Arthritis

Arthritis of the Talonavicular Joint

ArthritisThe talonavicular joint exists in the foot (on the top). It is one of the three joints that exist in the hind foot. The talonavicular can get affected by osteoarthritis, rheumatoid arthritis or post-traumatic arthritis. When the navicular bones are fractured (stress fractures are common), the talonavicular joint can develop arthritis.

Arthritis of the Talonavicular Joint

People who are into sports that involve a lot of running or those who run on a regular basis can develop a mild form of this arthritis in the foot, especially those runners who are in their mid forties or fifties are vulnerable to develop talonavicular arthritis.

Signs and Symptoms

Let us look at the signs and symptoms of this arthritis in the foot-

  • like in any degenerative arthritis condition, pain and tenderness, especially towards the mid-foot and in front of the ankle are common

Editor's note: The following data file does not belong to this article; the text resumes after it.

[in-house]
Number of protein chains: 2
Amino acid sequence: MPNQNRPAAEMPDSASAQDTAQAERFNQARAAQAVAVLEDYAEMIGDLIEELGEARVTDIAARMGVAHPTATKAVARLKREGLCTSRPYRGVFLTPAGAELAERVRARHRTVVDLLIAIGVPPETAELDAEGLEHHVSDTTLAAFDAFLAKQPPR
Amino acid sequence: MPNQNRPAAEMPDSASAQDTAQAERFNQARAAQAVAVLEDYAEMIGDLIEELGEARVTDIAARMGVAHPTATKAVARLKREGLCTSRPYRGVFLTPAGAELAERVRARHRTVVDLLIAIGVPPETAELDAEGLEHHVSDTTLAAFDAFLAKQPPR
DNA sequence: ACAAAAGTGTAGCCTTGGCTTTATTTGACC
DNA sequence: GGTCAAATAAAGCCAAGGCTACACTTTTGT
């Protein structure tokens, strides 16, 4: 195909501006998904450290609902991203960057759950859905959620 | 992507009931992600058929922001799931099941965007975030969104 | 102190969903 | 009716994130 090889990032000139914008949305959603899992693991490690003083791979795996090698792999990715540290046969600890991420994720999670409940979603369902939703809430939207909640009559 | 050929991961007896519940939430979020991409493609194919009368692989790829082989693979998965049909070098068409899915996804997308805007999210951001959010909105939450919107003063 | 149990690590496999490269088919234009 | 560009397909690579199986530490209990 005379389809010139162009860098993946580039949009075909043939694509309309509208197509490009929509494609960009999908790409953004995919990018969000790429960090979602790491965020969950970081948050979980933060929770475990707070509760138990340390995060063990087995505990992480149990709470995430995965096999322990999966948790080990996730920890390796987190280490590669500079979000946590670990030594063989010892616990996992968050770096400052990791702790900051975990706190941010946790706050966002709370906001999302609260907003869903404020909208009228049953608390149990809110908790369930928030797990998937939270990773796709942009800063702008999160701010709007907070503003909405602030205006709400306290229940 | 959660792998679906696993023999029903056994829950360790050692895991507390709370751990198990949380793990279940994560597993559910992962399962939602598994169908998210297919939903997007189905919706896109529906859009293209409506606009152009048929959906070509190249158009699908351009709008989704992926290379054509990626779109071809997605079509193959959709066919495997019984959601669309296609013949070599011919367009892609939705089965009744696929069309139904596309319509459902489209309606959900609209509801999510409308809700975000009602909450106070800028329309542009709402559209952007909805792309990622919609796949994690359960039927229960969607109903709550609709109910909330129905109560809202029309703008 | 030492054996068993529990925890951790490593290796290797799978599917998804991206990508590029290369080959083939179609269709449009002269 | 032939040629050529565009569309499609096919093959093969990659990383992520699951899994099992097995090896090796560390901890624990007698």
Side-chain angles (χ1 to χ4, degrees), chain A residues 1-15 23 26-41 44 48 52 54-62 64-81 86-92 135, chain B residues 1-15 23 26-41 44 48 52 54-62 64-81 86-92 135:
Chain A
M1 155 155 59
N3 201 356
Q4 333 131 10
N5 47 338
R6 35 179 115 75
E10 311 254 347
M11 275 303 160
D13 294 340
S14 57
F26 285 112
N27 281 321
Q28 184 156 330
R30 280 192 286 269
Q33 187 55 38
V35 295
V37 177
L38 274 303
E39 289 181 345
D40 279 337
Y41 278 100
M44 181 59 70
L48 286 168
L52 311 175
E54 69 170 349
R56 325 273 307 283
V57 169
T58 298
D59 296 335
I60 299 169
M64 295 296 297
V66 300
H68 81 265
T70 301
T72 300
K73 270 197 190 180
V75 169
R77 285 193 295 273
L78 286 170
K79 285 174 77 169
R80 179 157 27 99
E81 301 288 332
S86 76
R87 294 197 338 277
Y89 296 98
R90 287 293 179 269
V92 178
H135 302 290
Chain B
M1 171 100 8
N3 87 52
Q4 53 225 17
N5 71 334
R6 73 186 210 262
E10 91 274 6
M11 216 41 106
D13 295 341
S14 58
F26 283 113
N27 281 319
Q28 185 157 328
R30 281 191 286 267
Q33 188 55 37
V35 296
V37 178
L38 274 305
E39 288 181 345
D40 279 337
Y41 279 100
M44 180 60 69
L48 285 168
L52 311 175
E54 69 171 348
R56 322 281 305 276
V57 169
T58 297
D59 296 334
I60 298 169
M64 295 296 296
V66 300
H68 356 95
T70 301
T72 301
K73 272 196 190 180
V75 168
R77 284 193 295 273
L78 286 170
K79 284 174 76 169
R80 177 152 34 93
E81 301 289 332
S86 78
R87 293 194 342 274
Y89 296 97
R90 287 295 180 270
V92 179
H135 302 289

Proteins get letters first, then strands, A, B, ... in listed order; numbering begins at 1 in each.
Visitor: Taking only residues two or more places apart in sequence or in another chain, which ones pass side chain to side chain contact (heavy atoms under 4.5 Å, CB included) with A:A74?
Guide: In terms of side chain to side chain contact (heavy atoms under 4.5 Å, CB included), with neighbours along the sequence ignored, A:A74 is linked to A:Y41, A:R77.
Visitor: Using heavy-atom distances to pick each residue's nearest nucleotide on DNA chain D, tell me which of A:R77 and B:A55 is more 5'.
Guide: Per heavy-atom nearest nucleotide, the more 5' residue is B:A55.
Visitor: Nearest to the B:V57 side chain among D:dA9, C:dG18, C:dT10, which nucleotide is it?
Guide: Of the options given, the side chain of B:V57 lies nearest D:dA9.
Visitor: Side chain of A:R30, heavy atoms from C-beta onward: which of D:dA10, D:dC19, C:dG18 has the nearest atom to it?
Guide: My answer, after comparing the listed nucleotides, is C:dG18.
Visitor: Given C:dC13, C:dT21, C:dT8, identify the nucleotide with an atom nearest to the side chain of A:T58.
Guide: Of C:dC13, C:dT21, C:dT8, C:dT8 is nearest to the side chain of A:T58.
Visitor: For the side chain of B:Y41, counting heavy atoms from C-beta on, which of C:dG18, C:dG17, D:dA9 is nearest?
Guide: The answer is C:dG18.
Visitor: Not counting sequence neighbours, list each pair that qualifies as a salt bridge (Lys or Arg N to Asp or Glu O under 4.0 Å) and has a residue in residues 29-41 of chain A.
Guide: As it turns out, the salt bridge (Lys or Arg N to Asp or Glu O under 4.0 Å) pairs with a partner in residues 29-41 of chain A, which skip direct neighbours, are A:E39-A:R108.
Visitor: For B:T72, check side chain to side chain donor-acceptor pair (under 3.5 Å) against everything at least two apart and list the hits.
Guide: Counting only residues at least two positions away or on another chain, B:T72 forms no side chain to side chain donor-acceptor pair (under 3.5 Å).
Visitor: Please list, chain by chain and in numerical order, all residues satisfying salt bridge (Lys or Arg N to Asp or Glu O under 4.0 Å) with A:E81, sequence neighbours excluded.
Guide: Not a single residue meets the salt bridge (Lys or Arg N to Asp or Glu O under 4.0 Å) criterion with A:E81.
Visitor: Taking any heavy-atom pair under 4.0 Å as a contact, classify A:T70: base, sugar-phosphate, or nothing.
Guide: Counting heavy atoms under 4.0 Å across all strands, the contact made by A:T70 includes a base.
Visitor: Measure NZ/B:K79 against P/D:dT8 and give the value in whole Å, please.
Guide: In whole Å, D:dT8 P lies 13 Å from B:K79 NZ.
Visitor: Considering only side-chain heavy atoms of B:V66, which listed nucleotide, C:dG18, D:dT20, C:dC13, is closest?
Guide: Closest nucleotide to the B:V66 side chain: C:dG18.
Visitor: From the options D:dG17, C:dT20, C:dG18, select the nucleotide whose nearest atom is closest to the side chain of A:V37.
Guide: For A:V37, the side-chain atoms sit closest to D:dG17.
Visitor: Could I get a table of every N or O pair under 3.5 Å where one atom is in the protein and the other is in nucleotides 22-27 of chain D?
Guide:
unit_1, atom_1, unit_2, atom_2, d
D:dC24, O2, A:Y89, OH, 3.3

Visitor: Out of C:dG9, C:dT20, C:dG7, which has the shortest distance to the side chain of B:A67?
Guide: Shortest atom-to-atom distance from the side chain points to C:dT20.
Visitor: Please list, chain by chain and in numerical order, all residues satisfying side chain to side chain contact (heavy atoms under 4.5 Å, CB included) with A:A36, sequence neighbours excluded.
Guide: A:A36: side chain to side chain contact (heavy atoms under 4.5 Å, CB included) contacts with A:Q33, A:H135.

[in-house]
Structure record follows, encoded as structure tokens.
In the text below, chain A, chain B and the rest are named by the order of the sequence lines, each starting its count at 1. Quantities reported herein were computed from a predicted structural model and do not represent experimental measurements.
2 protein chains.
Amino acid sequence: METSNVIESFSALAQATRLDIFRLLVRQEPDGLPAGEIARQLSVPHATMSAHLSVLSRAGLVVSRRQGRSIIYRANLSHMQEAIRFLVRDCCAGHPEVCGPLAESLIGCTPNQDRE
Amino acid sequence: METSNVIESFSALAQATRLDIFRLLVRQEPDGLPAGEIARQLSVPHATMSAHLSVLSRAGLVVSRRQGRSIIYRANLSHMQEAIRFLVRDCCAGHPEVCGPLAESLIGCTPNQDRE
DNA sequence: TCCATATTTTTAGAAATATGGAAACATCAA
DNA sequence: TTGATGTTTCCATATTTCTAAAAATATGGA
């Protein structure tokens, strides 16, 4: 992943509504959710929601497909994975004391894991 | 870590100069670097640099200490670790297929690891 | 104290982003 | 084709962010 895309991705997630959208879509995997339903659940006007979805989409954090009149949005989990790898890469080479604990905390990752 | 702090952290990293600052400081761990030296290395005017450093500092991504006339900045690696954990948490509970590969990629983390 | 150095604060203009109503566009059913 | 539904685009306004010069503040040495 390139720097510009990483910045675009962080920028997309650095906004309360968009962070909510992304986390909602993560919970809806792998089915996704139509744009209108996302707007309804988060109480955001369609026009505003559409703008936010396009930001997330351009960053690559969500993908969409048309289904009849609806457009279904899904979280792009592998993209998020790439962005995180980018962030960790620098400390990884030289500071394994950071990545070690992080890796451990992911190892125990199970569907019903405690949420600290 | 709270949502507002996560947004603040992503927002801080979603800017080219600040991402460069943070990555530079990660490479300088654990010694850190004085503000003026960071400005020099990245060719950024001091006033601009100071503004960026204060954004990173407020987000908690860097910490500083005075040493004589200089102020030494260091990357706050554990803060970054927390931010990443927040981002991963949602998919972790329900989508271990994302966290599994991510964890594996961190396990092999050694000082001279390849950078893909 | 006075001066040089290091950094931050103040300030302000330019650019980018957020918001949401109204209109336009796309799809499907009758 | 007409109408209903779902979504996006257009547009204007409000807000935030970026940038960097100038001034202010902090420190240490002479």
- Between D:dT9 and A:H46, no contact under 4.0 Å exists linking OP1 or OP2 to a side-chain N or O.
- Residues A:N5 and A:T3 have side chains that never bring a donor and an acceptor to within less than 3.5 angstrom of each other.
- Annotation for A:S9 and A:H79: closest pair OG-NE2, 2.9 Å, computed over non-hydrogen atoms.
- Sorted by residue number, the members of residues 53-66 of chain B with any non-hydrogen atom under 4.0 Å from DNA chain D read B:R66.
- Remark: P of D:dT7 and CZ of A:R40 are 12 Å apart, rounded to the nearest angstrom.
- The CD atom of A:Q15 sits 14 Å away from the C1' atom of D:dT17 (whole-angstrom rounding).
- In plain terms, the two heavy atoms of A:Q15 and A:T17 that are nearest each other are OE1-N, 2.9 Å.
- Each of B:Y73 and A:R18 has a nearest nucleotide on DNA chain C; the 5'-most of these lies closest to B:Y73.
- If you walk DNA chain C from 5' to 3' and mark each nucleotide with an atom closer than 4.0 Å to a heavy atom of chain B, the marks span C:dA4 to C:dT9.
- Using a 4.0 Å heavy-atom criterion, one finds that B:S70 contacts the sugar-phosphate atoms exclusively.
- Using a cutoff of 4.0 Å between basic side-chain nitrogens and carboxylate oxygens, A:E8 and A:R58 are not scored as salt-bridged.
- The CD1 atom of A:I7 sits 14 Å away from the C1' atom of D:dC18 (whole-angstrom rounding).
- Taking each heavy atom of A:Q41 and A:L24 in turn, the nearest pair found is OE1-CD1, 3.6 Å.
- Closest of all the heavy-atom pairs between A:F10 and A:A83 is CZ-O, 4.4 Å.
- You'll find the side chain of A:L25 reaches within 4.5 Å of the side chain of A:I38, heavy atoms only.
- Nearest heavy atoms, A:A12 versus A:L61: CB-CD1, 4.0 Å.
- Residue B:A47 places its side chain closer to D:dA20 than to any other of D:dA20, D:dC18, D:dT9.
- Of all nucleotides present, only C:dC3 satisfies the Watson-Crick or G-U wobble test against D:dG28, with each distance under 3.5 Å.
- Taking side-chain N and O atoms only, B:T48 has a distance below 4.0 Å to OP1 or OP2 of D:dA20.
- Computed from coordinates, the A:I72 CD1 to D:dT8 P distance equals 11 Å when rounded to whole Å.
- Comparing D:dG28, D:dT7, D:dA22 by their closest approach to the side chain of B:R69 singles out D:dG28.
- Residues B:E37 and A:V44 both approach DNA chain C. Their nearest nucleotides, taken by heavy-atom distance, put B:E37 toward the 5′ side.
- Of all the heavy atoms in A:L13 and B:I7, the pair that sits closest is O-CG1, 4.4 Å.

• the pain and inflammation would make it very difficult walking
  • some people may also start limping in order to take stress of the affected foot/feet but, this can lay stress on various other joints in the body
  • if the arthritis that the talonavicular develops is rheumatoid arthritis, then there is every chance that both the feet would get affected
  • the range of motions of the affected joint are affected severely
  • the ankle can tend to go stiff if inactive for a certain length of time
  • the swelling and inflammation would vary from person to person depending on the severity and the stage of arthritis
  • the affected joint can also feel warm when touched
  • if left untreated, the bones in the joint would become to develop abnormalities and get deformed causing one to develop flat feet or other problems like corns and bunions

It is important to ask the patients where exactly they feel the pain in their ankle, as there is a chance that they could be suffering from osteophytes and not arthritis.

Treatment

The treatment for the arthritis of the talonavicular joint can be either non-operative or operative depending on the severity and the degeneration in the joint.

  • Non-operative techniques include weight loss programs, activity modification and using shoes that offer more comfort to the joint.
  • If these non-operative techniques do not work, then a fusion surgery of the joint is required and the recovery period after the surgery is 6-8 weeks

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